The Ford Motor Company installed the first moving belt-driven assembly line in their Highland Park, Michigan plant around the year 1913. This new invention massively reduced production costs and manufacturing time per unit from 12+ hours to around 90 minutes. Automation in their manufacturing plant drove down cost across the board so much so that the savings was able to be passed on to the consumer. After some refinement, Ford was able to build a Model T every 24 seconds and sold more than 15 million vehicles. This accounted for roughly half the world’s cars at that point in time.
The world has changed since Henry Ford’s time but the principles of creating a quality product, over a short amount of time, have remained a staple in production the world over. A similar revolution is taking place today, in the world of ecommerce.
The principles Henry Ford implemented in his manufacturing process allowed his company to produce more vehicles, quicker, and for less cost. These principles are now being effectively applied to ecommerce sites using a newer, more “automated” method for building web pages. This method is centered around first building Design Units which can be thought of as horizontal slices of a web page, generally containing content that pertains to one theme for each Unit.
To extend the car analogy, each Design Unit can be thought of as a shiny new piece of a vehicle, ready to be assembled into place. When all of the parts are assembled you have your finished web page or application– your brand new car. The digital platform for this type of building is especially potent because the manufacturers (professional ecommerce agencies) are not as limited by the physical world. This means that each piece of the car can be custom tailored to the specifications of a client. They can look and feel however the client desires.
Electric blue instead of cherry red? No problem!
So how is each Design Unit “manufactured” then; how are they created? Just like a vehicle has a frame onto which other parts are assembled, Design Units have a templated structure of their own. This is the general layout of a web page. Specifically it is the placement of all the different elements found on a web page. This structure dictates where the hero image, mission statement, products, reviews and anything else incorporated into the design of a website, will be placed on the page itself. Design Units are based on frequently seen design elements that are often observed on web pages. These Units are repeated in a number of ways, but are specific to a central design.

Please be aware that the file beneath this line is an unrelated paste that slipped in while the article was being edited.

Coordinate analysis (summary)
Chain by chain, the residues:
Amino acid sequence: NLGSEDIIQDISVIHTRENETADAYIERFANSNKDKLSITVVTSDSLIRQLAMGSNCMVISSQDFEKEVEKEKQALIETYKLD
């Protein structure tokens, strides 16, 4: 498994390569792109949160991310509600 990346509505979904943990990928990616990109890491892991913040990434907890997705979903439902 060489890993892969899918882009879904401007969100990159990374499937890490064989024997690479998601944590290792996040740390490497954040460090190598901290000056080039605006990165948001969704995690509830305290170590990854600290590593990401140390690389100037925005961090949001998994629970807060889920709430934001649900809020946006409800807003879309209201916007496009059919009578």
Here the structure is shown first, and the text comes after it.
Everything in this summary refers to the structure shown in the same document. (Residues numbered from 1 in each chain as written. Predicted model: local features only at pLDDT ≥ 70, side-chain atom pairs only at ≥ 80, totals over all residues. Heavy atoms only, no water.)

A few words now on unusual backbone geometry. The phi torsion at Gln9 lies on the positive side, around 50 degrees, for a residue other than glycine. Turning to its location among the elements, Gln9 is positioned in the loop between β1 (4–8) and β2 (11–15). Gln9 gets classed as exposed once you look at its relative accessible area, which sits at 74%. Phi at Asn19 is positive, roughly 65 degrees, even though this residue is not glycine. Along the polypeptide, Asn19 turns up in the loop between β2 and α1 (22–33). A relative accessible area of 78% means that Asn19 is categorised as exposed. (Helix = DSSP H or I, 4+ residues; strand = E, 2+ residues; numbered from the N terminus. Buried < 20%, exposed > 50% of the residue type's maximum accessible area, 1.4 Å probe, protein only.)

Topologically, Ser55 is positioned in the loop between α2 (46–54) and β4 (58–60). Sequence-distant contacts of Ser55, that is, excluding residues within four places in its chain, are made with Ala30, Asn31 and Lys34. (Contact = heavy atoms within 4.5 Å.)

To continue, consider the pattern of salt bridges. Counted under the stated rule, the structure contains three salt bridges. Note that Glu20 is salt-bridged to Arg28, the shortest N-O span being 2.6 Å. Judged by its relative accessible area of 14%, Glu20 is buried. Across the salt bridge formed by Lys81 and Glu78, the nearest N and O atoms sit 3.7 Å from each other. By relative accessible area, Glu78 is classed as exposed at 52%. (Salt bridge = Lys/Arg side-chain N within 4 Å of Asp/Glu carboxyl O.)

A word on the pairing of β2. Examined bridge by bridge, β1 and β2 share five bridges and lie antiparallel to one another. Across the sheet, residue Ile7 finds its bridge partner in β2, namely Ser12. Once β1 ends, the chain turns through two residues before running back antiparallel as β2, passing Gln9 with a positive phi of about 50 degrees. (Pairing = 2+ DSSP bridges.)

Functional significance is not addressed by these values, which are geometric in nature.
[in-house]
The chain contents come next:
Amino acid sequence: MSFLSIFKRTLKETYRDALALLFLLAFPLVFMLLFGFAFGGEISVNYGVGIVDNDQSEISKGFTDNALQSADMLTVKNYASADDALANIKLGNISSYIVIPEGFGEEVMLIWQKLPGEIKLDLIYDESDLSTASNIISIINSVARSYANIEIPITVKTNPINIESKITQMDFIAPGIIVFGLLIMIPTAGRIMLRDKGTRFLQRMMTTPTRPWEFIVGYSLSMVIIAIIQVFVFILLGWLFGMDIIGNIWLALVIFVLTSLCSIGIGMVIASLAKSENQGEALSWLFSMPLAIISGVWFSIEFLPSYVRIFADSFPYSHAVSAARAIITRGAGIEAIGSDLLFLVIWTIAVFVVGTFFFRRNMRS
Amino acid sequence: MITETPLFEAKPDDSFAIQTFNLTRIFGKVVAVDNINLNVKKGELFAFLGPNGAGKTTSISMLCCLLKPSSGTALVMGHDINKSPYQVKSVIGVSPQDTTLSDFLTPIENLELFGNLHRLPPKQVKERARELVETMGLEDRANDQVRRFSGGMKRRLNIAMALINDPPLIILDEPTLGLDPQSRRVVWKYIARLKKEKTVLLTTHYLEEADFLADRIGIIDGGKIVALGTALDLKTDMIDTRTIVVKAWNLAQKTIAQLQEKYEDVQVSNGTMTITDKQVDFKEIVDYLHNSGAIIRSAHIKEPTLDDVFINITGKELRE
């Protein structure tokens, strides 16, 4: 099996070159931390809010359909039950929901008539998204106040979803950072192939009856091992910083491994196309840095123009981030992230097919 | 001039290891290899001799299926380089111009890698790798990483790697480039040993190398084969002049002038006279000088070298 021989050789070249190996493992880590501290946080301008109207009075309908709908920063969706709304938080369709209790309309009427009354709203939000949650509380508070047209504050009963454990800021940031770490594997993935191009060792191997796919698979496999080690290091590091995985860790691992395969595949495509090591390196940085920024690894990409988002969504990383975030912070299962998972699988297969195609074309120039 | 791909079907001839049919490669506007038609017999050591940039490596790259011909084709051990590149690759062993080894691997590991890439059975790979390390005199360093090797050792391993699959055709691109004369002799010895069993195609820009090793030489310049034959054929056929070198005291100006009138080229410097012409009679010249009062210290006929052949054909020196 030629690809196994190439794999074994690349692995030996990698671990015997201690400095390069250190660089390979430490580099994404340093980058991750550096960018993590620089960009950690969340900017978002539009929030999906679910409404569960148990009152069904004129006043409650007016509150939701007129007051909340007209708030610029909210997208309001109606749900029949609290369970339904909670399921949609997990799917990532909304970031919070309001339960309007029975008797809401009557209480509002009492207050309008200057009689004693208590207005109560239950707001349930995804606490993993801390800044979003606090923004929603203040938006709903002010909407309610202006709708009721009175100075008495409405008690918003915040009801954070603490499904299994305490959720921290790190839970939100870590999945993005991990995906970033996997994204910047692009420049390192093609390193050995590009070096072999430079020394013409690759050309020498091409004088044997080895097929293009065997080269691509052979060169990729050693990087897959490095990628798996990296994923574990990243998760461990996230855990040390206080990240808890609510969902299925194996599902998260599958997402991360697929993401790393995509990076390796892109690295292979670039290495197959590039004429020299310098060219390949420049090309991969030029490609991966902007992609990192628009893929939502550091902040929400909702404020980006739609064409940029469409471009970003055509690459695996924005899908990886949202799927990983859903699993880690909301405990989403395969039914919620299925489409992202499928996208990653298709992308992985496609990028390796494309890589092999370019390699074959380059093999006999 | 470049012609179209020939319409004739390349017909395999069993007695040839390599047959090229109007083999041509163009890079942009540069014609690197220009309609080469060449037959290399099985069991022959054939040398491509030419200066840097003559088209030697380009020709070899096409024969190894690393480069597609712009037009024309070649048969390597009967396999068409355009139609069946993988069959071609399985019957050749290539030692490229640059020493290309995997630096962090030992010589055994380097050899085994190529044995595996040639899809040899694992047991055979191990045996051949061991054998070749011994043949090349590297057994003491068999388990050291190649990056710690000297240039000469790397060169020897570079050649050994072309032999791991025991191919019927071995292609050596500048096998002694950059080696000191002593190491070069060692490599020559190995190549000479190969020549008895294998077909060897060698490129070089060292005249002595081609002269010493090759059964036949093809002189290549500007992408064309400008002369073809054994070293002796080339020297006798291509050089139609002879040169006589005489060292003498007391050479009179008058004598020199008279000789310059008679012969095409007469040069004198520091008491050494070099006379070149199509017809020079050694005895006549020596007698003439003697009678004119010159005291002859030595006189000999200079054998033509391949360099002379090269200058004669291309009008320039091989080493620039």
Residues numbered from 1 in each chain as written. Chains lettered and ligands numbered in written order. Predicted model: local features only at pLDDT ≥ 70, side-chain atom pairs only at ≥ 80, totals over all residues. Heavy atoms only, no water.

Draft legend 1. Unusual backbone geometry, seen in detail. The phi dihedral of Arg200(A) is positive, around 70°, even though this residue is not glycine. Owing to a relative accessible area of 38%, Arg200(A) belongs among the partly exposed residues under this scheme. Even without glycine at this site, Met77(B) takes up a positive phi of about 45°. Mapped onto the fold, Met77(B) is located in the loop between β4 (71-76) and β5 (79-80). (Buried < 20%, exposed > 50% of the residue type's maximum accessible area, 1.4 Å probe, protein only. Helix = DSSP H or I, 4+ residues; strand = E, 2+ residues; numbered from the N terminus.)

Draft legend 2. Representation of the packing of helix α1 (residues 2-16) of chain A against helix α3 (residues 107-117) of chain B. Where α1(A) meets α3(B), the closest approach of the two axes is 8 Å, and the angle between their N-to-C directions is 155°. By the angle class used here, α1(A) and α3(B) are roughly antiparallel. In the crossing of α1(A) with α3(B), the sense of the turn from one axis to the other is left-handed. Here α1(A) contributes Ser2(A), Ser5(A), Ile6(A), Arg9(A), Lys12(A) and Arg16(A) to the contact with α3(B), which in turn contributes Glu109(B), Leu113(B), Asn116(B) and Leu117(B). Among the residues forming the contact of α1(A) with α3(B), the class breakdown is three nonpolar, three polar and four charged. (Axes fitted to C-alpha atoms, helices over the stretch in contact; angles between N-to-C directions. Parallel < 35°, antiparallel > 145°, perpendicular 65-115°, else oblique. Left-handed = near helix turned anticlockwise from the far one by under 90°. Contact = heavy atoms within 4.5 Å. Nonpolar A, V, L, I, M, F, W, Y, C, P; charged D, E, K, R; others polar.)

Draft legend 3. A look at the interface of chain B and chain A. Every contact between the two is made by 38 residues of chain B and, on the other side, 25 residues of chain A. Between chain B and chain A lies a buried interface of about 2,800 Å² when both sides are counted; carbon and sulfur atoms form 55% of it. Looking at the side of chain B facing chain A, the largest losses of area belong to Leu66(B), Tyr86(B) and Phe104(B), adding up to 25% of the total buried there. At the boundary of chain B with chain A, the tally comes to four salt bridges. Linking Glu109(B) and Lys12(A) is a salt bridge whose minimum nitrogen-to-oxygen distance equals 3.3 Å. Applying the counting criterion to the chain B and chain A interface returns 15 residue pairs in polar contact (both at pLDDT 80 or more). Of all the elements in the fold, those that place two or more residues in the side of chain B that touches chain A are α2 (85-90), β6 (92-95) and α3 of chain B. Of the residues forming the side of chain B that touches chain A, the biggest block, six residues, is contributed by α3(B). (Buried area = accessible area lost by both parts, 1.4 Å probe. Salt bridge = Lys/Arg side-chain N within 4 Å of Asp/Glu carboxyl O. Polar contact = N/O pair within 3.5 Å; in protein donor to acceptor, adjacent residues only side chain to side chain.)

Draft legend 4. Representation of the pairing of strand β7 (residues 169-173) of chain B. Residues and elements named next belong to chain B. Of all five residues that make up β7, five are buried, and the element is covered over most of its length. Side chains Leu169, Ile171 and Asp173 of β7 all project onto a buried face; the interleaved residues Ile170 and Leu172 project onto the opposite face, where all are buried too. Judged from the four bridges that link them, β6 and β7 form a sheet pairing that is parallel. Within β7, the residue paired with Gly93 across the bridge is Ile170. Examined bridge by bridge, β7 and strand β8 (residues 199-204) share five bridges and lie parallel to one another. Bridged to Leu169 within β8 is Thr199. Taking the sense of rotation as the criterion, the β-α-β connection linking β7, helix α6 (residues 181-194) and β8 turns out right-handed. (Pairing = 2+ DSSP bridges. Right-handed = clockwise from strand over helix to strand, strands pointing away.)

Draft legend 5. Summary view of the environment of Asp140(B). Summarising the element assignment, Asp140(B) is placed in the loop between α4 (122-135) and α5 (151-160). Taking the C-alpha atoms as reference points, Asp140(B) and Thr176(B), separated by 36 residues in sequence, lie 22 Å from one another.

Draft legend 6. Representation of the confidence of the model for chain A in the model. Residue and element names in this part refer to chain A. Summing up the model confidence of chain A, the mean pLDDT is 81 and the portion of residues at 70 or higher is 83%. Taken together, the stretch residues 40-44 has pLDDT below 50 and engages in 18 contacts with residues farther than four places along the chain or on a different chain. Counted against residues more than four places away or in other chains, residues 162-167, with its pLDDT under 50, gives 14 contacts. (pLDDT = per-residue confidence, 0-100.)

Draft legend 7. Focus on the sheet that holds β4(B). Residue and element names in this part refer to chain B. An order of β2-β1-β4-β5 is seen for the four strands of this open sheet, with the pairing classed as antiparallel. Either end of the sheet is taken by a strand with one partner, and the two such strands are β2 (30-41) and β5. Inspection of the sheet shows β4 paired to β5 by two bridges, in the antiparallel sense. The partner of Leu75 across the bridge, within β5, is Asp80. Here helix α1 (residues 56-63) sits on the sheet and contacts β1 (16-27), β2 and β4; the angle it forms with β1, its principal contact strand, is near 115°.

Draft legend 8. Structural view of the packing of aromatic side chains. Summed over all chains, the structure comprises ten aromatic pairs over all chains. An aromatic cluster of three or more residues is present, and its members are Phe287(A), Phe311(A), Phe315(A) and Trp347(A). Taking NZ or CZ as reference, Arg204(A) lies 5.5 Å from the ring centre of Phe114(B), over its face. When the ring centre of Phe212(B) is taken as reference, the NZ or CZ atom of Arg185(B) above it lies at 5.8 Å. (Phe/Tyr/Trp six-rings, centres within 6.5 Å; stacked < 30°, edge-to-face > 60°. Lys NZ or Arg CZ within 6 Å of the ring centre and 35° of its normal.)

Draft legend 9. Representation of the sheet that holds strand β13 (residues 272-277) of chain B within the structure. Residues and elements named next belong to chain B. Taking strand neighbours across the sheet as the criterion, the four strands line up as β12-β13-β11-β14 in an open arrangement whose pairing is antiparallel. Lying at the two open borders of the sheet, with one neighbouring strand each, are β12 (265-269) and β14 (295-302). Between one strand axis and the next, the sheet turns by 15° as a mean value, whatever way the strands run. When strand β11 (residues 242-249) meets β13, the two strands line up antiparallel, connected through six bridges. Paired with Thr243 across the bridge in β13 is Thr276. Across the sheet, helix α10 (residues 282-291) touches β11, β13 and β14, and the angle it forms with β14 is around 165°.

So how does this positively influence ecommerce? Just like Ford’s implementation of a production line, already having a frame to layer content and design onto saves a great deal of time in the process of building a website. On the surface, this means faster production and turn around time, which benefits both the client and the agency. Less time building the scaffolding for a website means having more time to spend improving the site itself; ensuring top notch user experience, quality control and useful features.
Below the surface, this method of site creation has deeply positive effects on an agency. Design Units allow a development team to become experts on particular layout schemes. This means quicker trouble-shooting, debugging, styling, and iterating. When it comes time to update the site with user feedback and then ensure proper functionality, a good deal of time will be saved by using pre-designed Units of code.
Like any technology, Design Units are constantly evolving. Quality Assurance(QA) and User Experience(UX) matter greatly in designing a website that is not only functional, but accessible to the user. This means first knowing who the target audience is. Establishing a baseline for how your site is performing for your main user is critical in assuring quality. Say, for example, that quantitative data suggests that it is mostly seniors that are accessing your website. You might want to design the site around accessibility for seeing or hearing impairment. This is where the ease of Design Units comes into play.
Utilizing Design Units means being able to micro manage each section of your website in order to maximize functionality and UX, in a shorter amount of time. By using Design Units developers can segment out a piece of a website that might be in need of revamping based off of user feedback. This Unit can then be updated– evolved, if you will, to fit the needs of the main user. Each iteration of UX feedback and then QA updating evolves Design Units until a site is comprised of Units that are specific to that particular user base.
Just as the future of countless industries were transformed by automation, digital commerce platforms are being equally impacted. Design Units allow us to build better websites faster, without sacrificing quality or functionality. They allow ecommerce agencies to pull away from the nitty-gritty and focus on the more essential aspects of online businesses– namely, making a splash in online markets.